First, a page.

Stroke risk link to mental and physical fitness in teens
Using comprehensive health data from men aged 18, two international studies have highlighted a strong causal link between long-term stroke risk and both cardiovascular and mental fitness in early adulthood.
HMRI Director Professor Michael Nilsson, who worked on both projects with Swedish collaborators at the Sahlgrenska Academy, University of Gothenburg, believes there is increasing evidence for the need to stimulate the mechanisms underpinning brain resilience around the time of adolescence.
“It appears that being physically active triggers a cascade of health promoting signals that affect several important neuroactive factors and brain networks,” Professor Nilsson said.
“Our first study showed a significant correlation between aerobic fitness and, to a lesser degree, muscle strength to stroke risk. We tend to think that cardiovascular fitness is more influential but it seems you can gain added benefits if you combine muscular strength.”
The data was gleaned from a cohort of 1.2 million Swedish men born between 1950-1987. It was collected during their military conscription at the age of 18.
“Kids in the 1960s were often more active than those today so the risk factors may actually increase in years to come,” Professor Nilsson added. “I think it sends clear signals about the importance for kids to be physically active and should be considered in the school curriculum.”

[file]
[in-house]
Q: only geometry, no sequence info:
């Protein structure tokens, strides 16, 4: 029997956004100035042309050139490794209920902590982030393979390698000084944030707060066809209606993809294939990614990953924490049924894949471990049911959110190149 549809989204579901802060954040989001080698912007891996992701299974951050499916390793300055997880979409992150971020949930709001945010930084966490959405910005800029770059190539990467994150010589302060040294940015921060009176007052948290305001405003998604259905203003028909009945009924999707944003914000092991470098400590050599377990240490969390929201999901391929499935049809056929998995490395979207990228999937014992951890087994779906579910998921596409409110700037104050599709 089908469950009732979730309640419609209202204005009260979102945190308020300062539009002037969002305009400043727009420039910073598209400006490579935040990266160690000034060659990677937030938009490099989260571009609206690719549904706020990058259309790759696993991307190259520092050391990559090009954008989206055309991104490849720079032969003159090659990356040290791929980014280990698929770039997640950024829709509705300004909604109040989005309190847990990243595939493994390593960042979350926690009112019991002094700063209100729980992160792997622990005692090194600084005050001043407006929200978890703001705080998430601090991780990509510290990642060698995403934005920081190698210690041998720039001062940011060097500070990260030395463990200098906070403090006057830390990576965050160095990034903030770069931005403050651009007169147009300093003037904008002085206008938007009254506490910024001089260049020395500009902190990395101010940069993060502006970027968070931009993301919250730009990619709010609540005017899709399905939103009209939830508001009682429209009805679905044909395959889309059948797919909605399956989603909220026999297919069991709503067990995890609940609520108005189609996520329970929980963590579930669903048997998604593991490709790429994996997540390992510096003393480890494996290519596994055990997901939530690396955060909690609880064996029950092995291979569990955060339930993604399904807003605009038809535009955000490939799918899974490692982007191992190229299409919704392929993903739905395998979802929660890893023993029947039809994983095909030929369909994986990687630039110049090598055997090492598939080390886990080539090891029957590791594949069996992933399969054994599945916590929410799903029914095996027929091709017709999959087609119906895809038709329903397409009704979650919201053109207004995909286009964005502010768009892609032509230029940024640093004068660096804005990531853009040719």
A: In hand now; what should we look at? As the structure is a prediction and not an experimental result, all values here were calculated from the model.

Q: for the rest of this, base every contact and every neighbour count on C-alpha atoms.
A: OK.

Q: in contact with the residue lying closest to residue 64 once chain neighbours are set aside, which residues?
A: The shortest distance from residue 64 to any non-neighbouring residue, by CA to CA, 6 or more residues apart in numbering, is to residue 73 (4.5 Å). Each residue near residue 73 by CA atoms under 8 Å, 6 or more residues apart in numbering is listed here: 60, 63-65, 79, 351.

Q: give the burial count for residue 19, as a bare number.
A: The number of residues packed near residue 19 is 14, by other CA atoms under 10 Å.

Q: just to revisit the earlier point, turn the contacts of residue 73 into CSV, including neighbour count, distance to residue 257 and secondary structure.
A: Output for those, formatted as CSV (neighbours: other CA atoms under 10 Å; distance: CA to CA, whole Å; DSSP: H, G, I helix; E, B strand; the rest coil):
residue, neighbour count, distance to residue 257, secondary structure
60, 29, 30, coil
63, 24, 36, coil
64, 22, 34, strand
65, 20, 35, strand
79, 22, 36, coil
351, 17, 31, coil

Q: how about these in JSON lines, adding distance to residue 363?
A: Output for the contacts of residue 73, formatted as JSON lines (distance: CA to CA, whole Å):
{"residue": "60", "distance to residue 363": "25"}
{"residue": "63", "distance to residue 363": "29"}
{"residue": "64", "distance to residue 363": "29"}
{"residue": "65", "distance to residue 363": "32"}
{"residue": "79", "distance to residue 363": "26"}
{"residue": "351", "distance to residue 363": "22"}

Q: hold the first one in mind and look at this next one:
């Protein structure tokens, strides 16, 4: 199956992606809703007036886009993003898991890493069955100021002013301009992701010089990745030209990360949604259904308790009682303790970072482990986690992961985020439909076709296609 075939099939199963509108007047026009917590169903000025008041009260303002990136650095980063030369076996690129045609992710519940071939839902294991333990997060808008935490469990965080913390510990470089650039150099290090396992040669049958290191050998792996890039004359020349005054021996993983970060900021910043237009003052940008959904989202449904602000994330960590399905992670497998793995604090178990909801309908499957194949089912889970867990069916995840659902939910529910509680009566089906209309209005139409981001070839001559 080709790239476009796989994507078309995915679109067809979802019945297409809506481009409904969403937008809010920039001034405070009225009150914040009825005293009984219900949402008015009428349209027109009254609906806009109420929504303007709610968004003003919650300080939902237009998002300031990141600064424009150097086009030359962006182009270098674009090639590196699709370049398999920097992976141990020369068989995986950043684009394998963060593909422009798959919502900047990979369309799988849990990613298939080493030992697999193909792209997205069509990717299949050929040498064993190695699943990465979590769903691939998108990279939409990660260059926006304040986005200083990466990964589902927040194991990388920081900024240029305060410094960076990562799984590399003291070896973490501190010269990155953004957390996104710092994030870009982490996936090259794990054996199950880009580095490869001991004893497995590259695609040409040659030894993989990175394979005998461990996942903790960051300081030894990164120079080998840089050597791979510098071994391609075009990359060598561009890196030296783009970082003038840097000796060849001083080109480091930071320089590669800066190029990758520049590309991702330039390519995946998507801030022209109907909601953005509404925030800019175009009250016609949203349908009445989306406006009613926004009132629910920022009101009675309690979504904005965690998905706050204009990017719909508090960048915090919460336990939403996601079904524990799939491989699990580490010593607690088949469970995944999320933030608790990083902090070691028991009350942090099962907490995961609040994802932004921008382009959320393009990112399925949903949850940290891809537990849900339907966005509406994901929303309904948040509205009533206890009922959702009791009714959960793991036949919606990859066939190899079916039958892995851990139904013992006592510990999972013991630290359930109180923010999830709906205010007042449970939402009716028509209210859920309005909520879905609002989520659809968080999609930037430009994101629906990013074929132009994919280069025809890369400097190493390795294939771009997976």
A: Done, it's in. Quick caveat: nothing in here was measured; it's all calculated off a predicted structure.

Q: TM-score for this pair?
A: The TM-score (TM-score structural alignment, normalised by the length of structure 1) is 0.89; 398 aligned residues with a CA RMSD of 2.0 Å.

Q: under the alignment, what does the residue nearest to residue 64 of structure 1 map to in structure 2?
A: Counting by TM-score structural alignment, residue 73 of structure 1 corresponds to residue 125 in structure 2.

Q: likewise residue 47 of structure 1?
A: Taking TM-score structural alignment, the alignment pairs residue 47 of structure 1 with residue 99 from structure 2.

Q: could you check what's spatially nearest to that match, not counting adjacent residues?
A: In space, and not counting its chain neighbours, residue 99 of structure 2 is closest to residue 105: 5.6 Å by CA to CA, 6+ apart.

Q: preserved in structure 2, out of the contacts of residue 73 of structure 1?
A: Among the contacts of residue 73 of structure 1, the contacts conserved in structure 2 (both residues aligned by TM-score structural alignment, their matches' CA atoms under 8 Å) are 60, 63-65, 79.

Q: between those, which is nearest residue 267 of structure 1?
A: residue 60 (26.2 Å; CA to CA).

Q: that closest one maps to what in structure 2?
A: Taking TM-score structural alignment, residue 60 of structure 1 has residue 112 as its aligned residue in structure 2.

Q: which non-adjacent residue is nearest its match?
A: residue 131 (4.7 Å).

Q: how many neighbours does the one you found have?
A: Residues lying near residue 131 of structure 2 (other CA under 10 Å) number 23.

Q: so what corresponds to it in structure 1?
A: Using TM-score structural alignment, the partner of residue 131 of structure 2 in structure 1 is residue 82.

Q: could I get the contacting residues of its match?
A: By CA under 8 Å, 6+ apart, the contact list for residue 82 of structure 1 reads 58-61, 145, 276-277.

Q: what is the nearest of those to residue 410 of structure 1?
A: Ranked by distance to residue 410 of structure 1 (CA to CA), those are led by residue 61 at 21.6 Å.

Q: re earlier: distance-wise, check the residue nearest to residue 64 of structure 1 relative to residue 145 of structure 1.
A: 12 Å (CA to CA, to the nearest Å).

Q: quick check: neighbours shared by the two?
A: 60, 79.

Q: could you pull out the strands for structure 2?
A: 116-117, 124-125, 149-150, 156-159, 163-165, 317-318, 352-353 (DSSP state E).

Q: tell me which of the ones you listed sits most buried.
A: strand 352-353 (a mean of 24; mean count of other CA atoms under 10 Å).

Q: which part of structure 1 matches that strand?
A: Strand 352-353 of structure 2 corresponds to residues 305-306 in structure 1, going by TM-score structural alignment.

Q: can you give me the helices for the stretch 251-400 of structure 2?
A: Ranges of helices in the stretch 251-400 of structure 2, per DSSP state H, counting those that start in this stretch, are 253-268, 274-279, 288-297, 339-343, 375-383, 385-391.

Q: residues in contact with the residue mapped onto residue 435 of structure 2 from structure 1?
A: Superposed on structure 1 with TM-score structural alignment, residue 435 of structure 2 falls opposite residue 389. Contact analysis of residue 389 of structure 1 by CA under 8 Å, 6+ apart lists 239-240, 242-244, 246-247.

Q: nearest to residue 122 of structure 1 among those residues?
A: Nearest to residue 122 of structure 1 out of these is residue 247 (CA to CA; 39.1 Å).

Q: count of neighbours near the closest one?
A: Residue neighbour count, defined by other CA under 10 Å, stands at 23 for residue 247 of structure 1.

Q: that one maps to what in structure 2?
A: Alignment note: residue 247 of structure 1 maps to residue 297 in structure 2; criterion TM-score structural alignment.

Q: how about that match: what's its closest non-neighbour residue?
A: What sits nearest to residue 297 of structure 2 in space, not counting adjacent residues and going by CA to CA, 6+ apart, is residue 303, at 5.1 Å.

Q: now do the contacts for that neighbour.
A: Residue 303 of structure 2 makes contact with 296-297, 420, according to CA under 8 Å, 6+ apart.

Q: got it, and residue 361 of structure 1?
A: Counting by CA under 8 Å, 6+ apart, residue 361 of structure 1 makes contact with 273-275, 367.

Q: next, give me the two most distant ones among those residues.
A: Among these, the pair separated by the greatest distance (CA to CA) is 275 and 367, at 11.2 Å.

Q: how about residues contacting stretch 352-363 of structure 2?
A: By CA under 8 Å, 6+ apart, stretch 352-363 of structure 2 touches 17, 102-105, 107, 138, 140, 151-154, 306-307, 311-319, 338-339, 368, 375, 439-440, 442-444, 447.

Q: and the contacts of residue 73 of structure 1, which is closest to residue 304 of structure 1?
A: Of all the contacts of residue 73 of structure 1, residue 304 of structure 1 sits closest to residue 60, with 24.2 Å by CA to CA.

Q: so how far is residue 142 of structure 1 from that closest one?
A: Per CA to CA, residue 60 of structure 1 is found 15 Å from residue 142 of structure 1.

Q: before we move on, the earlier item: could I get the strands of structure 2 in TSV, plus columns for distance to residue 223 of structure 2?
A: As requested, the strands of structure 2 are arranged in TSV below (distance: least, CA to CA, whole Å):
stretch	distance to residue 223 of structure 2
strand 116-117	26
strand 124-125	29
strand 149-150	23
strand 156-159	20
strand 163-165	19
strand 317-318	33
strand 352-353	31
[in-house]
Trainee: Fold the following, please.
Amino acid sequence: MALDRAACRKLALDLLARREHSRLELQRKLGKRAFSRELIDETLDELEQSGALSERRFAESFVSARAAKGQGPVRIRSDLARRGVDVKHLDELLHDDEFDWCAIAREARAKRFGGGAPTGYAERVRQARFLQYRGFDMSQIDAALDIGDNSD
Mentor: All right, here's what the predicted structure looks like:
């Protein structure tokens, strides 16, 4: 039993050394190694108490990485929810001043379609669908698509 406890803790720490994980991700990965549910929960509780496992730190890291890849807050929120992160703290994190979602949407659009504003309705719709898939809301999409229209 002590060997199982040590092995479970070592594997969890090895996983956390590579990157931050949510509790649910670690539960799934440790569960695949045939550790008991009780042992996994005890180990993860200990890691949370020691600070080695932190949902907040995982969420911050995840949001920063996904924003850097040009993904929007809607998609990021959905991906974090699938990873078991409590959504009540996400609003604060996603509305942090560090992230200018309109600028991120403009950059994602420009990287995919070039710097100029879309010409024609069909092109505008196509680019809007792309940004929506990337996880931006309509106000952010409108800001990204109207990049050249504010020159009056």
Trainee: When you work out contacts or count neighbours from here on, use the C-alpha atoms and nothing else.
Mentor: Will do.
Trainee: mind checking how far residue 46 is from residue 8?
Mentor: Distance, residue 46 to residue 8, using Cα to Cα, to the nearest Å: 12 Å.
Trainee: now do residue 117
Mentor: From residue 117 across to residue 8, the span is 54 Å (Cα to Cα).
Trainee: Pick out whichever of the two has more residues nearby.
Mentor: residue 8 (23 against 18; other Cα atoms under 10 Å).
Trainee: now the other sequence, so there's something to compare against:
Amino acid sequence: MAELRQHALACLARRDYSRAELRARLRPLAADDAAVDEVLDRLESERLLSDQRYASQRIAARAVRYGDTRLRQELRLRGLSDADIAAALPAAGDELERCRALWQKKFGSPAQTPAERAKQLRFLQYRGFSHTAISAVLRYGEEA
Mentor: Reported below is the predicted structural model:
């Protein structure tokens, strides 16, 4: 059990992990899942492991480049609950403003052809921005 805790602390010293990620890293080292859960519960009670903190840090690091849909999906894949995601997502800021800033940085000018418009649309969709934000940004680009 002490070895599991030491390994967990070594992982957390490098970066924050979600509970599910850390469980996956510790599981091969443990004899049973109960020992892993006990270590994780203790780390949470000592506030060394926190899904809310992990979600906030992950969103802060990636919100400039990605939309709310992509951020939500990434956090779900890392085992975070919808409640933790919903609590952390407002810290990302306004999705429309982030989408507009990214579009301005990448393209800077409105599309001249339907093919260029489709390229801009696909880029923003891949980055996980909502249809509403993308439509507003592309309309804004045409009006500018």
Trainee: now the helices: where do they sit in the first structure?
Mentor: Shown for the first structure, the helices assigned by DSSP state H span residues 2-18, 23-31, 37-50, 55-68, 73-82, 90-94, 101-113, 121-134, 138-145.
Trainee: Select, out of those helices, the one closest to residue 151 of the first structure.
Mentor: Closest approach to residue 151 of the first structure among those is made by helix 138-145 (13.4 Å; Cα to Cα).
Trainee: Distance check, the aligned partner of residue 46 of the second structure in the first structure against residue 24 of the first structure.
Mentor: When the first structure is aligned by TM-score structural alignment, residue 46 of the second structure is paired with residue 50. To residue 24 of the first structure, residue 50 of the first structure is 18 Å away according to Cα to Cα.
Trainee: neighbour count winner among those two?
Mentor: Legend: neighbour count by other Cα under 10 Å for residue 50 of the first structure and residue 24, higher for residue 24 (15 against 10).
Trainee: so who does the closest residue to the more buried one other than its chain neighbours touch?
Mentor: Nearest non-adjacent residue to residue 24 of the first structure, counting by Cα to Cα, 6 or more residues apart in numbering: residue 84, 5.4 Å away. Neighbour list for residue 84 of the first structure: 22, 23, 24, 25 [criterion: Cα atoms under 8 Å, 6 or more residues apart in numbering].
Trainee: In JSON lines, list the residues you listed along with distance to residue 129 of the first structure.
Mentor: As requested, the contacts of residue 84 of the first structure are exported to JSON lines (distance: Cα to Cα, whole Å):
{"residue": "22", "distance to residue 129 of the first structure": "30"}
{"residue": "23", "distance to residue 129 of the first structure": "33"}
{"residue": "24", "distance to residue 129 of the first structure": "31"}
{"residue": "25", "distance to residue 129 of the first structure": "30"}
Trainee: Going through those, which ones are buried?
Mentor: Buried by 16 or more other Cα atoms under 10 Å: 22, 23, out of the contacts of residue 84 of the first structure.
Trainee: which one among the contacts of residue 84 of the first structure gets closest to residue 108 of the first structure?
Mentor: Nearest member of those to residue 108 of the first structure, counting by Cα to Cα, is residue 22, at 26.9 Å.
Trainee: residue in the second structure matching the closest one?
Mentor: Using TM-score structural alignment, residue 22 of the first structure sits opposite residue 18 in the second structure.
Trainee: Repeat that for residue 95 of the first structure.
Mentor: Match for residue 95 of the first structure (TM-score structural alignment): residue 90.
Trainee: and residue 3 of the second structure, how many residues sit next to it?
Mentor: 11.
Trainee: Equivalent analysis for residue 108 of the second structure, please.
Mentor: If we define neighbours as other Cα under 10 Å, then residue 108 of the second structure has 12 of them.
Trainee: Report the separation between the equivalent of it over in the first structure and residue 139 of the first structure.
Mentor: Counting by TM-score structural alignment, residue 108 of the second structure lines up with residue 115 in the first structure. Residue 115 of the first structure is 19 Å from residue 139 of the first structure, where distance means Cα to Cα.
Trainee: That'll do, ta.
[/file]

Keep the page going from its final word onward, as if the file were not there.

A follow-up study published this month in the international journal Stroke singled out 45,000 men who had been diagnosed with a non-psychotic mental disorder in the form of anxiety, depression, personality disorders, and addiction at 18 years of age. It showed that stroke was 2.6 times more prevalent in this group.
The greatest increase in risk involved addiction, with a figure of 60 per cent for alcohol and substance abuse. For those suffering depression and neurotic disorders, first-time stroke risk increased by 25%. These figures rose to over 50% for personality disorders. Corresponding figures for fatal stroke ranged between 40 and 60 per cent higher.
“The fact that common mental disorders can increase the risk of fatal stroke, in particular, is worrying,” Professor Nilsson said. “Mental vulnerability possibly impairs the brain’s ability to recover after stroke. But we also found that young men with high cardiovascular fitness were at less risk for stroke even if they had depressive or neurotic disorders.”
Dr Maria Aberg, from the University of Gothenburg, added: “To exercise regularly can be challenging particularly when you suffer from a mental disorder. More research will be required to understand which methods should be applied to motivate these people to participate in regular physical exercise.”
* HMRI is a partnership between the University of Newcastle, Hunter New England Health and the community.